CDC Confirms Ebola Transmitted Via Patient Satisfaction Surveys

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ATLANTA, GA – Yesterday, the CDC finally established a link explaining a frightening and puzzling Ebola case.  A patient with no known Ebola exposures in Raleigh, NC fell ill with the virus last week and had investigators scrambling to explain how it was contracted.  Despite exhaustive and painstaking steps to connect the dots, the investigators found no promising leads until they turned to an unlikely source: the mail.

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“Immediately burn all patient satisfaction surveys!”

Charles Hankford, 57, of Raleigh, is seriously ill and battling the Ebola virus at a North Carolina hospital.  While he had visited Dallas and made a trip to Texas Presbyterian in early September, there were no cases of Ebola at the hospital until weeks later, making an exposure impossible.


In Mid-October, however, Hankford was mailed a patient satisfaction survey from Texas Presbyterian asking him to rate the care provided during his ER visit.  Little did he know that the outgoing mail had been contaminated with Ebola.  He filled out the survey and mailed it back.

About 8-10 days after returning the survey, Hankford quickly became ill and presented to a local ER.  He was ultimately diagnosed with Ebola, and is being treated in an isolation room.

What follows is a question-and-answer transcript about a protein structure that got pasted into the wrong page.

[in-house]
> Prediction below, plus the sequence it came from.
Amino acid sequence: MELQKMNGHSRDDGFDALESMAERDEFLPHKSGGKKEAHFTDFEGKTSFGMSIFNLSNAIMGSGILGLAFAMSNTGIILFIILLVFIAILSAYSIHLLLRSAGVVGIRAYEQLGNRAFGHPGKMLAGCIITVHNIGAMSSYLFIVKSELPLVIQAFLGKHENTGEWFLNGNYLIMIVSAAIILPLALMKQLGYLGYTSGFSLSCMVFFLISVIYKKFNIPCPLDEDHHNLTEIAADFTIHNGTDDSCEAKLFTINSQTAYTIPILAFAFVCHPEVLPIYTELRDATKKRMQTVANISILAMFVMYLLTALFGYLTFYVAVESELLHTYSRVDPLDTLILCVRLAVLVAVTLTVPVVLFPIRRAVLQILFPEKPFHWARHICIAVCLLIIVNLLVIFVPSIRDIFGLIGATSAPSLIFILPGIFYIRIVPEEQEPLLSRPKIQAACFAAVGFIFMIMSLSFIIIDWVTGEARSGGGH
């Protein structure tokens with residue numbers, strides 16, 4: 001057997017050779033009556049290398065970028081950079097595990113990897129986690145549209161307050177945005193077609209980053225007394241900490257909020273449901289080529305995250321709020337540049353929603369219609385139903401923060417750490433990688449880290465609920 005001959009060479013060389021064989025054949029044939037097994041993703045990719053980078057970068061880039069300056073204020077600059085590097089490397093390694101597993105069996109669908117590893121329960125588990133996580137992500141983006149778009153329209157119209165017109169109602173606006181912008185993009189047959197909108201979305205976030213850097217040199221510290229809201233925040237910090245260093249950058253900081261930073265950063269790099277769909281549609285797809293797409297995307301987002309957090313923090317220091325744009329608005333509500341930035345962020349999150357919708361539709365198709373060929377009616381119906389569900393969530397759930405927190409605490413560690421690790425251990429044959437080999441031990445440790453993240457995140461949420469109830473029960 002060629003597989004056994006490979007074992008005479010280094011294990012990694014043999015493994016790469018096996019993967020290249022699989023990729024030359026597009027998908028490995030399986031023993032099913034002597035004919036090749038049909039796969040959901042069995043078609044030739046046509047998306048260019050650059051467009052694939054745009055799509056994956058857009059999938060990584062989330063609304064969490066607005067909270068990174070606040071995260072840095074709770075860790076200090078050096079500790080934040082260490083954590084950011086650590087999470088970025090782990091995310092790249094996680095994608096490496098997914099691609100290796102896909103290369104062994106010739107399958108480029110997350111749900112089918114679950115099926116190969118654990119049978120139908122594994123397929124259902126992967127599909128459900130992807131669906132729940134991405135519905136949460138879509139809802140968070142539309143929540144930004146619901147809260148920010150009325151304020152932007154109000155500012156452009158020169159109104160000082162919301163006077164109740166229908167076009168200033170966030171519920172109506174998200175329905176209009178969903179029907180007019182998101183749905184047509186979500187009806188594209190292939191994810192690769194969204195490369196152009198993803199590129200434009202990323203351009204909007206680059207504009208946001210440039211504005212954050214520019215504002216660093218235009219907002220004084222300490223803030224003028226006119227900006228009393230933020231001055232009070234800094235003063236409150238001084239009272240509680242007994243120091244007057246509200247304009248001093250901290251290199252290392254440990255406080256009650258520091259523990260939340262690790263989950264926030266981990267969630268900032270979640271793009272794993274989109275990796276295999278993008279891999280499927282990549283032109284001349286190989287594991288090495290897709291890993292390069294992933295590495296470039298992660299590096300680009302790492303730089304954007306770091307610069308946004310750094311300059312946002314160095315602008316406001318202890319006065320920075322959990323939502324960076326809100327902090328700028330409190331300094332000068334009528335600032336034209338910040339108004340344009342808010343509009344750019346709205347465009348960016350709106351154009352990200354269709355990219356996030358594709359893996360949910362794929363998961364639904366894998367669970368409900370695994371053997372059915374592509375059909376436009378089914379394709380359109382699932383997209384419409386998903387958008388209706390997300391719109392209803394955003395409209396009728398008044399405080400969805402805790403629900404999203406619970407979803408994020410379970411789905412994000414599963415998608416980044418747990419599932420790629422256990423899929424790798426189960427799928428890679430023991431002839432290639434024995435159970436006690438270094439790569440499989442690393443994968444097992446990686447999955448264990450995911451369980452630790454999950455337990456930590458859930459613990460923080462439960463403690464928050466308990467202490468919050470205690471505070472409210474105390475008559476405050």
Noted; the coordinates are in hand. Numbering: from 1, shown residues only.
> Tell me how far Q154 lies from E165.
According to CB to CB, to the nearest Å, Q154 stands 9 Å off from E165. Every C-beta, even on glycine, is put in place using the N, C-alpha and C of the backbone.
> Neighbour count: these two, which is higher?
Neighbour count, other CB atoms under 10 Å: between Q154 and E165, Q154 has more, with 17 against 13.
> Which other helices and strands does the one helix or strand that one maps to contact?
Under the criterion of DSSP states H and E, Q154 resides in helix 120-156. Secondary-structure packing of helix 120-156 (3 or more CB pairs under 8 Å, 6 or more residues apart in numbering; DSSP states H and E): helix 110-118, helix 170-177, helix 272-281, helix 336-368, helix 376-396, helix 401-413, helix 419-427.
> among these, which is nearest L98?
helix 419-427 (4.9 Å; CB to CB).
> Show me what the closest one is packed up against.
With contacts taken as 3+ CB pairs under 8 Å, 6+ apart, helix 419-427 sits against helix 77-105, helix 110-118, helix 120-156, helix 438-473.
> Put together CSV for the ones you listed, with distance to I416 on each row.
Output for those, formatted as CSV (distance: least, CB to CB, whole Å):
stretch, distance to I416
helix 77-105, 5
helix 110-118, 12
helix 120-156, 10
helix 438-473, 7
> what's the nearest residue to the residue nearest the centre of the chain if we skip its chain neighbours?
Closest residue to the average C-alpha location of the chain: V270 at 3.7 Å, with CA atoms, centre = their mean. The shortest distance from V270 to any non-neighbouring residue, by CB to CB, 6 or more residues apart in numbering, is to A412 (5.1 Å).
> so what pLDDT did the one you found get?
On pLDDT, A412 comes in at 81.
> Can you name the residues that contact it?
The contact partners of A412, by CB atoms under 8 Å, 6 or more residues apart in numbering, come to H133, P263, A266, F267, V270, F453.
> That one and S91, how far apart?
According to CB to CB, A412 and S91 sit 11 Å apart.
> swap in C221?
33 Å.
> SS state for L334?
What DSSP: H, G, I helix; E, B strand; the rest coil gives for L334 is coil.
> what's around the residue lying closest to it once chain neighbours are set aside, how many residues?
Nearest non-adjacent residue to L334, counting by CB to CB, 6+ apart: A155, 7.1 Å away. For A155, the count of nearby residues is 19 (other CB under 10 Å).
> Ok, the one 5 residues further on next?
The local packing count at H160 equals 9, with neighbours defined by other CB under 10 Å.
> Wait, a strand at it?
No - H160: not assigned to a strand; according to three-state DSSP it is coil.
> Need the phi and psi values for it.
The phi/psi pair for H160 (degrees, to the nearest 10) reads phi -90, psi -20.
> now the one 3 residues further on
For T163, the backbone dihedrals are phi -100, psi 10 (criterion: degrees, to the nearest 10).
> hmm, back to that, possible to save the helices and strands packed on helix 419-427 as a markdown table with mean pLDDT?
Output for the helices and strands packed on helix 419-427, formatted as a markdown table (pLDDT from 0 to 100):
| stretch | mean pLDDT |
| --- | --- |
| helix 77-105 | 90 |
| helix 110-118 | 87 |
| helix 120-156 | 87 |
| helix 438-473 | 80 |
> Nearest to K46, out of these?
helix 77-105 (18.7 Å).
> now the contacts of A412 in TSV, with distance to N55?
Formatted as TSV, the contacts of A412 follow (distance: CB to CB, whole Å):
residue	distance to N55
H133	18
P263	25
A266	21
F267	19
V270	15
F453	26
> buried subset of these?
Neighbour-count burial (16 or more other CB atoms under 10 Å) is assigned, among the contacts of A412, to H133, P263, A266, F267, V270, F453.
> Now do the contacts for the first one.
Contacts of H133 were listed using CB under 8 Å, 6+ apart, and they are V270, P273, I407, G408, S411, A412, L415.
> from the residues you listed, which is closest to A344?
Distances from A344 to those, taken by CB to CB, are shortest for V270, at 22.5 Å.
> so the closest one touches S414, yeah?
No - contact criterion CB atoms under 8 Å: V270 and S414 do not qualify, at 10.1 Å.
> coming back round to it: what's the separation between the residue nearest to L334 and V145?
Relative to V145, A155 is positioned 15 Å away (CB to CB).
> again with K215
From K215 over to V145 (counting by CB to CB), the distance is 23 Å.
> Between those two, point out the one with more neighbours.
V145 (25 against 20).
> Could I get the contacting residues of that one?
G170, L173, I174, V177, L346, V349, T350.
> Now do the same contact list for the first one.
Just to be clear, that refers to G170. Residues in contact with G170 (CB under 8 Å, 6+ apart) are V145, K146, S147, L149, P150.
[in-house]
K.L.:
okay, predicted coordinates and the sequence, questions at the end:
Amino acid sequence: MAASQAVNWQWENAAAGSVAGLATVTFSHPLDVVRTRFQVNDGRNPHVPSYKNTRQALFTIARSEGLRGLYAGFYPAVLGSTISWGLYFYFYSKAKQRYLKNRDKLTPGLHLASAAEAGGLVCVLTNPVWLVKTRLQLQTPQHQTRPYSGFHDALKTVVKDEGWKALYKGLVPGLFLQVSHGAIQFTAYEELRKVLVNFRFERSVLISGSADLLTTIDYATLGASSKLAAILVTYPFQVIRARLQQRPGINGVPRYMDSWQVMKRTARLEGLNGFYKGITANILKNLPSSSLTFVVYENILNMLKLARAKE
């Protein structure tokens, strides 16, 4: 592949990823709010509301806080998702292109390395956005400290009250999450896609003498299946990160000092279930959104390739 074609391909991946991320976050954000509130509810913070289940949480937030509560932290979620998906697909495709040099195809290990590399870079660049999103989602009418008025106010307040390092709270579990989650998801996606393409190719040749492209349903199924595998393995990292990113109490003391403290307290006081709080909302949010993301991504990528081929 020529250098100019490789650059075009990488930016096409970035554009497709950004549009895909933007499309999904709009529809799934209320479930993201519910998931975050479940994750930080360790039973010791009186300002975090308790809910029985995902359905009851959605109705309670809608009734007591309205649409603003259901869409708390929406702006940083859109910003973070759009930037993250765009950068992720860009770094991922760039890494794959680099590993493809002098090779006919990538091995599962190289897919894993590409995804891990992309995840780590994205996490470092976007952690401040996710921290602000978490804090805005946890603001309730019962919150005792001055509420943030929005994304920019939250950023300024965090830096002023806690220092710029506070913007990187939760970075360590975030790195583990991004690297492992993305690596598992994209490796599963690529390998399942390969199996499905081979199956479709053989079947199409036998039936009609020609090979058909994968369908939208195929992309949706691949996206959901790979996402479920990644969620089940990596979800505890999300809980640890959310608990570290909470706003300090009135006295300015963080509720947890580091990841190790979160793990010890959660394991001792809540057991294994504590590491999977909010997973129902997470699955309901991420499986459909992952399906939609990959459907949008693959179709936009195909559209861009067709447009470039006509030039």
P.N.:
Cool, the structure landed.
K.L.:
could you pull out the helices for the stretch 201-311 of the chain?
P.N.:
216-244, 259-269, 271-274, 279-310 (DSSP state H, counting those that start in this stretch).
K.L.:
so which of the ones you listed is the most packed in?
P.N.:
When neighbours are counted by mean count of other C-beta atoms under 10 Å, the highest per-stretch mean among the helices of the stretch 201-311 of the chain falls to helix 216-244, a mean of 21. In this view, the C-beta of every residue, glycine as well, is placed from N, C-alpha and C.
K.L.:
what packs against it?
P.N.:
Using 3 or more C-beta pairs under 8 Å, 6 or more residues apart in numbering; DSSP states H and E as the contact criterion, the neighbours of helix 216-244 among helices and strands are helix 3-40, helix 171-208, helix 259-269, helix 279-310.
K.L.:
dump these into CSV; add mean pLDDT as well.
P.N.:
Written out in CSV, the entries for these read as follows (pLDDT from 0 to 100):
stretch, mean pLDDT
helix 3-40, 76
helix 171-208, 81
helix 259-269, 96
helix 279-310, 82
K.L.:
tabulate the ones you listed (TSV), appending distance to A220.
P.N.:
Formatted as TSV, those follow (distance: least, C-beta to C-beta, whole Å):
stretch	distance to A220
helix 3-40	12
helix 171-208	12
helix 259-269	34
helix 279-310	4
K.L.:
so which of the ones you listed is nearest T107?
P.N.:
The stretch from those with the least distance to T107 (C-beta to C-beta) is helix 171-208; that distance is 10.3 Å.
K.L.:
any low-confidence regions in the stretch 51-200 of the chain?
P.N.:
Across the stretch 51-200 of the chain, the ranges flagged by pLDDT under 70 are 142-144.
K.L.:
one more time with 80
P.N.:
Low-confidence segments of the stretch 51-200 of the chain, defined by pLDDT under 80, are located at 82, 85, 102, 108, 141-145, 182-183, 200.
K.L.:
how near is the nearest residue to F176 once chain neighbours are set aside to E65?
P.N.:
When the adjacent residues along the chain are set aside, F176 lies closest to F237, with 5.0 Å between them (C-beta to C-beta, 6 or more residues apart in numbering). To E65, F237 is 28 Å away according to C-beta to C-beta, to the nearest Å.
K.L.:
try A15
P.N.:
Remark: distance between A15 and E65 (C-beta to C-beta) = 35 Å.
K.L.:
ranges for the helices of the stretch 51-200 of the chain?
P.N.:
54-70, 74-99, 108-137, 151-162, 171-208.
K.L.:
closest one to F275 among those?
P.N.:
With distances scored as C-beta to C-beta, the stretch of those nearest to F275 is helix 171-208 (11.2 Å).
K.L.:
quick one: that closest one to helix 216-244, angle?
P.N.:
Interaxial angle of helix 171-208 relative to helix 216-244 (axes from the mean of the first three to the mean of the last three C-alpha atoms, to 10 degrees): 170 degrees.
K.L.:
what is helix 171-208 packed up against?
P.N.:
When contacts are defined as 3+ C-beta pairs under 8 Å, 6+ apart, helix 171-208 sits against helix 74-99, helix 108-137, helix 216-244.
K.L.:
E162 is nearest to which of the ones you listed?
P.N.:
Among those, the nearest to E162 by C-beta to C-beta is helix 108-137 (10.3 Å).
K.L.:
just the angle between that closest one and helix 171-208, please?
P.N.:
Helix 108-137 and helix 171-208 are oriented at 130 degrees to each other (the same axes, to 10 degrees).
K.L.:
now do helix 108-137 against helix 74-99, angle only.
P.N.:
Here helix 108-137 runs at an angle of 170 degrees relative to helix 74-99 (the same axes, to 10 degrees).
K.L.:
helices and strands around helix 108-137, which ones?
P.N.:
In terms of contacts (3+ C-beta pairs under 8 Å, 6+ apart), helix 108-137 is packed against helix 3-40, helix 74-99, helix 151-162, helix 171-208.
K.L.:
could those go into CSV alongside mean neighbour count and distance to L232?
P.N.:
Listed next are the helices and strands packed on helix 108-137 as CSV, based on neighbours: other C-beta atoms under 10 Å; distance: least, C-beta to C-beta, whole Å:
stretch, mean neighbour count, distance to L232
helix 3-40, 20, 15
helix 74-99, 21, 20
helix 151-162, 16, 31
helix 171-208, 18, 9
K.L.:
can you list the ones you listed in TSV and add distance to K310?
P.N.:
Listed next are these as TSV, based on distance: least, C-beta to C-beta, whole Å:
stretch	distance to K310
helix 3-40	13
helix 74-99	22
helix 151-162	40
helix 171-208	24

Kristen Katzmann, MD, Ph. D, MPH, JD, MS, the CDC’s Ebola Emperor, was reached for comments regarding the case and its transmission.

“We are urging that no citizen open up or even touch these patient satisfaction surveys until further notice.  Build a small fire outdoors, pick up the survey with a pair of kitchen tongs, then incinerate the survey and tongs.  As far as email surveys are concerned, we recommend that you delete them immediately without opening.  Our concern is that the virus could mutate to a computer-borne strain, and it isn’t worth taking the chance.  I mean, everyone knows this patient satisfaction data is meaningless, anyway.  If you were happy with the care you received in a particular hospital, just voice your satisfaction by going there again when you need medical care.”

Katzmann was asked why the virus almost seemed to “choose” to travel via healthcare satisfaction surveys instead of other forms of mail.

“My best explanation is that viruses are obligate parasites, and somehow the virus could sense that the multi-million dollar side industry of satisfaction data collection is just an obligate parasite on healthcare in America.  Birds of a feather flock together, and all.”

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